This course provides an introduction to nonlinear deterministic dynamical systems. Topics covered include: nonlinear ordinary differential equations; planar autonomous systems; fundamental theory: Picard iteration, contraction mapping theorem, and Bellman-Gronwall lemma; stability of equilibria by Lyapunov's first and second methods; feedback linearization; and application to nonlinear circuits and control systems.Subjects

nonlinear systems | deterministic dynamical systems | ordinary differential equations | planar autonomous systems | Picard iteration | contraction mapping theorem | Bellman-Gronwall lemma | Lyapunov methods | feedback linearization | nonlinear circuits | control systems | local controllability | volume evolution | system analysis | singular perturbations | averaging | local behavior | trajectories | equilibria | storage functions | stability analysis | continuity | differential equations | system models | parameters | input/output | state-space | 16.337License

Content within individual OCW courses is (c) by the individual authors unless otherwise noted. MIT OpenCourseWare materials are licensed by the Massachusetts Institute of Technology under a Creative Commons License (Attribution-NonCommercial-ShareAlike). For further information see https://ocw.mit.edu/terms/index.htmSite sourced from

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See all metadata6.243J Dynamics of Nonlinear Systems (MIT)

Description

This course provides an introduction to nonlinear deterministic dynamical systems. Topics covered include: nonlinear ordinary differential equations; planar autonomous systems; fundamental theory: Picard iteration, contraction mapping theorem, and Bellman-Gronwall lemma; stability of equilibria by Lyapunov's first and second methods; feedback linearization; and application to nonlinear circuits and control systems.Subjects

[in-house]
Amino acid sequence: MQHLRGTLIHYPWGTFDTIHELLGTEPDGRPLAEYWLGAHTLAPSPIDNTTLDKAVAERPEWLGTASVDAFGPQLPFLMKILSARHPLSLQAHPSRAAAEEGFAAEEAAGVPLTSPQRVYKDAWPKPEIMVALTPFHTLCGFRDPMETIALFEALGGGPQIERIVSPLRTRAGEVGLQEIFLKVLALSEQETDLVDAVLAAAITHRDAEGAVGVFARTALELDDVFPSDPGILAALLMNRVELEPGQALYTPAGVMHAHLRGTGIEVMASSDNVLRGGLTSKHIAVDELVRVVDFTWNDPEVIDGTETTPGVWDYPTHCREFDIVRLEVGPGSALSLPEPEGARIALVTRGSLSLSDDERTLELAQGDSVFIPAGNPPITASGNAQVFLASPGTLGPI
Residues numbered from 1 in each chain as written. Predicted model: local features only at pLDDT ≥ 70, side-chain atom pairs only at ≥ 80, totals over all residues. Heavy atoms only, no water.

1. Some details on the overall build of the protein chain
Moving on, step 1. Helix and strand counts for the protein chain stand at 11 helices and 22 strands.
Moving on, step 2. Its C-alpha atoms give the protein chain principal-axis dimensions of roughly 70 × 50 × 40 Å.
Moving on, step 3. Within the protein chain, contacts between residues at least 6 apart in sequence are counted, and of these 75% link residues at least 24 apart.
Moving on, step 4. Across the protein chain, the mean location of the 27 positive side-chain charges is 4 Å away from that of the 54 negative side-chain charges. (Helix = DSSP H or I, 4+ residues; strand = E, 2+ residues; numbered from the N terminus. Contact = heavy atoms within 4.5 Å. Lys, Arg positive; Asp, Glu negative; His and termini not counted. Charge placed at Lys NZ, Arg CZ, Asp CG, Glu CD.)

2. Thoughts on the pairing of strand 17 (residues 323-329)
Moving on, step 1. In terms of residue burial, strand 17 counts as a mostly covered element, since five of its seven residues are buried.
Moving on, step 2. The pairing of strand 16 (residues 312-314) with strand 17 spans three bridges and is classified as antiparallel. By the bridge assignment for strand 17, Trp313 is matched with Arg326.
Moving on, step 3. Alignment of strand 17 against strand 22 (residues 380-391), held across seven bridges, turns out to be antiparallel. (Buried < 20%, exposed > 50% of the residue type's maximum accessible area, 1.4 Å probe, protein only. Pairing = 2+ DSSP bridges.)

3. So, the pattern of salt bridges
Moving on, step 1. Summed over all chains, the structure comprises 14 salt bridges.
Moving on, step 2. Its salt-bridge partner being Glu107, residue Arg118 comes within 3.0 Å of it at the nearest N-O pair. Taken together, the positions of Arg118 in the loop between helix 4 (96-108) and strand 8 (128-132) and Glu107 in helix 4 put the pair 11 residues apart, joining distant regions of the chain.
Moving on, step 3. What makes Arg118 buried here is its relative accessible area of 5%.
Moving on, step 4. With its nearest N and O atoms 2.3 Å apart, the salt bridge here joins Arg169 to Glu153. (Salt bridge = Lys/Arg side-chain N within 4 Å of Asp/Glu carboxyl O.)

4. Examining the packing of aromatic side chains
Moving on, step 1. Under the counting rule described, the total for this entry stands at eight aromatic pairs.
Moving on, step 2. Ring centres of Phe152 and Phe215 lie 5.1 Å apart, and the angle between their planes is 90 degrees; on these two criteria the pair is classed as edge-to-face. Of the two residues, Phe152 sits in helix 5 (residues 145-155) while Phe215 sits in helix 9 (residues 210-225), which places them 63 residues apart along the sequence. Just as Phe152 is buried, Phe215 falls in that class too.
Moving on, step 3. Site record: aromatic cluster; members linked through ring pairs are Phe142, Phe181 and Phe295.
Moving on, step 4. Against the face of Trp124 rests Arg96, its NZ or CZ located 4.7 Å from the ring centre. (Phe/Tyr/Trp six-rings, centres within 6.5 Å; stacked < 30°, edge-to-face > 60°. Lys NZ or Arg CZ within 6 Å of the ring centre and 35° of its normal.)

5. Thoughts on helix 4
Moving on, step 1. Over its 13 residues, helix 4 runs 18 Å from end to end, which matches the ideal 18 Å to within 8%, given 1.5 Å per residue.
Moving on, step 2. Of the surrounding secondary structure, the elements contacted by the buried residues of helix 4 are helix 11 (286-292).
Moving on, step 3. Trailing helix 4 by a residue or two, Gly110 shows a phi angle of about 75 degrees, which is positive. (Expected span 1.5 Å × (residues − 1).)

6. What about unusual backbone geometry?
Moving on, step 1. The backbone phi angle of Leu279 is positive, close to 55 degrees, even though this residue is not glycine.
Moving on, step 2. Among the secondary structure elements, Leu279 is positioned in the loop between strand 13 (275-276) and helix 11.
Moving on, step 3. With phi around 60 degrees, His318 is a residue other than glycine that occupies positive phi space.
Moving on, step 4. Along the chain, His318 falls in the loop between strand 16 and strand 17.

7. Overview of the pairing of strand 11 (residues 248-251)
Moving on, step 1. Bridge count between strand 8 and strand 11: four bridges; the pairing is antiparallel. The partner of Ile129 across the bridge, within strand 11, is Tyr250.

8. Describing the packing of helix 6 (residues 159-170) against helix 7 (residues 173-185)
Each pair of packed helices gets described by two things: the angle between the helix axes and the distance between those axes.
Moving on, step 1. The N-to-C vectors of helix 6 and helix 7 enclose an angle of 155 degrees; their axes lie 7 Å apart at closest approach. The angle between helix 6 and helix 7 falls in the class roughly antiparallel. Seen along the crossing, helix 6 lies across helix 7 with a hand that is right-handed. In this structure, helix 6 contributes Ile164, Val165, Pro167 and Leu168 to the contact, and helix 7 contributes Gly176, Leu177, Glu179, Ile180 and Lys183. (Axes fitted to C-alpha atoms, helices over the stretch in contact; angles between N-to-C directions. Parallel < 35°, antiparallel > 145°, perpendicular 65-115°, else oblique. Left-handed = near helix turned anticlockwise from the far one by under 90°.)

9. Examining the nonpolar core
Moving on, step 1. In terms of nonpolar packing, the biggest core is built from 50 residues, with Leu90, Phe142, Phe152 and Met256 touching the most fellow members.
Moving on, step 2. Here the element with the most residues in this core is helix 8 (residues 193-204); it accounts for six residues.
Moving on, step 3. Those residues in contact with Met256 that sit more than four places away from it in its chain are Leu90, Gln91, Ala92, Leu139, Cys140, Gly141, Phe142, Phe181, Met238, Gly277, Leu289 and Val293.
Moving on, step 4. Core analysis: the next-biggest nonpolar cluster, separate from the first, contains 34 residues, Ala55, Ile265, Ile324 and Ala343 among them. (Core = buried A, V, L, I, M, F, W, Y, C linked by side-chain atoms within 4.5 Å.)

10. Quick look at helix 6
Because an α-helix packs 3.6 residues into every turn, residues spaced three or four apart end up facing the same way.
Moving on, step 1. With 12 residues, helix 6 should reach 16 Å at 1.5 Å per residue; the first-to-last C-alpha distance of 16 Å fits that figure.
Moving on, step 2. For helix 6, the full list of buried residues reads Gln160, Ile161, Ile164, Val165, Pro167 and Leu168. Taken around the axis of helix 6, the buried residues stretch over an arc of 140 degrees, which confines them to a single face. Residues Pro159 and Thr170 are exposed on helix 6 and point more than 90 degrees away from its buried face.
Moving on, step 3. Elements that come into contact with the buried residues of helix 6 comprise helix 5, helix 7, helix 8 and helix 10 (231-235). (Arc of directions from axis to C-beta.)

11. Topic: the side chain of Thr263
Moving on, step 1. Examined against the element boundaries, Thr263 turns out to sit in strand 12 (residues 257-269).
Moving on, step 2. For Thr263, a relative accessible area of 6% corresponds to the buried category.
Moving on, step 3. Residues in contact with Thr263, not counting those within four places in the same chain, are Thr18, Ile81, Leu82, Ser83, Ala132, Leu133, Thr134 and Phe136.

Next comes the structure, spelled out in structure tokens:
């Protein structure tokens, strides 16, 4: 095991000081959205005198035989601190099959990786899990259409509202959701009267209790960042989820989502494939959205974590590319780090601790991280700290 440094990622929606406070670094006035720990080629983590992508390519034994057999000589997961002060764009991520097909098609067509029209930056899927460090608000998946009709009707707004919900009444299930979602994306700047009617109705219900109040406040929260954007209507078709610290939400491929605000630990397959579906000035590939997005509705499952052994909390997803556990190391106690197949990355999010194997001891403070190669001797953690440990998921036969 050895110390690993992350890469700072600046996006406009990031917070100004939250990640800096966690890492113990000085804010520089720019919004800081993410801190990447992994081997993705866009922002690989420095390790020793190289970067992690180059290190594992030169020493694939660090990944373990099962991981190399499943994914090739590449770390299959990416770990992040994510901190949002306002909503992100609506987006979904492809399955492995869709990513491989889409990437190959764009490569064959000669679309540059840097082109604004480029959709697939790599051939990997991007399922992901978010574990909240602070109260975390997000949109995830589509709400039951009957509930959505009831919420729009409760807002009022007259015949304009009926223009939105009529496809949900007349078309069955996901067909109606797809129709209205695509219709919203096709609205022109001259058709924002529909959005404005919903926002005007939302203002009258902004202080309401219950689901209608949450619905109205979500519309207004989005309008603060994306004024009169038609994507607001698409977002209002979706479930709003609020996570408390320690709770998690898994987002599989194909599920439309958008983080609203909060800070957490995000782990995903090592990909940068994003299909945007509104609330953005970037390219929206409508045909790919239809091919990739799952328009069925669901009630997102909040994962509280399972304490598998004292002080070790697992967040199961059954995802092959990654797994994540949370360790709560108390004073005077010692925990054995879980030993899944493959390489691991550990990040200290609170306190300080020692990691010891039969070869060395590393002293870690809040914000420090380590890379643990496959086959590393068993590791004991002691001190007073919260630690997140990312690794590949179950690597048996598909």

nonlinear systems | deterministic dynamical systems | ordinary differential equations | planar autonomous systems | Picard iteration | contraction mapping theorem | Bellman-Gronwall lemma | Lyapunov methods | feedback linearization | nonlinear circuits | control systems | local controllability | volume evolution | system analysis | singular perturbations | averaging | local behavior | trajectories | equilibria | storage functions | stability analysis | continuity | differential equations | system models | parameters | input/output | state-space | 16.337License

Content within individual OCW courses is (c) by the individual authors unless otherwise noted. MIT OpenCourseWare materials are licensed by the Massachusetts Institute of Technology under a Creative Commons License (Attribution-NonCommercial-ShareAlike). For further information see https://ocw.mit.edu/terms/index.htmSite sourced from

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See all metadata5.80 Small-Molecule Spectroscopy and Dynamics (MIT)

Description

The goal of this course is to illustrate the spectroscopy of small molecules in the gas phase: quantum mechanical effective Hamiltonian models for rotational, vibrational, and electronic structure; transition selection rules and relative intensities; diagnostic patterns and experimental methods for the assignment of non-textbook spectra; breakdown of the Born-Oppenheimer approximation (spectroscopic perturbations); the stationary phase approximation; nondegenerate and quasidegenerate perturbation theory (van Vleck transformation); qualitative molecular orbital theory (Walsh diagrams); the notation of atomic and molecular spectroscopy.Subjects

spectroscopy | harmonic oscillators | matrix | hamiltonian | heisenberg | vibrating rotor | Born-Oppenheimer | diatomics | laser schemes | angular momentum | hund's cases | energy levels | second-order effects | perturbations | Wigner-Eckart | Rydberg-Klein-Rees | rigid rotor | asymmetric rotor | vibronic coupling | wavepacketsLicense

Content within individual OCW courses is (c) by the individual authors unless otherwise noted. MIT OpenCourseWare materials are licensed by the Massachusetts Institute of Technology under a Creative Commons License (Attribution-NonCommercial-ShareAlike). For further information see https://ocw.mit.edu/terms/index.htmSite sourced from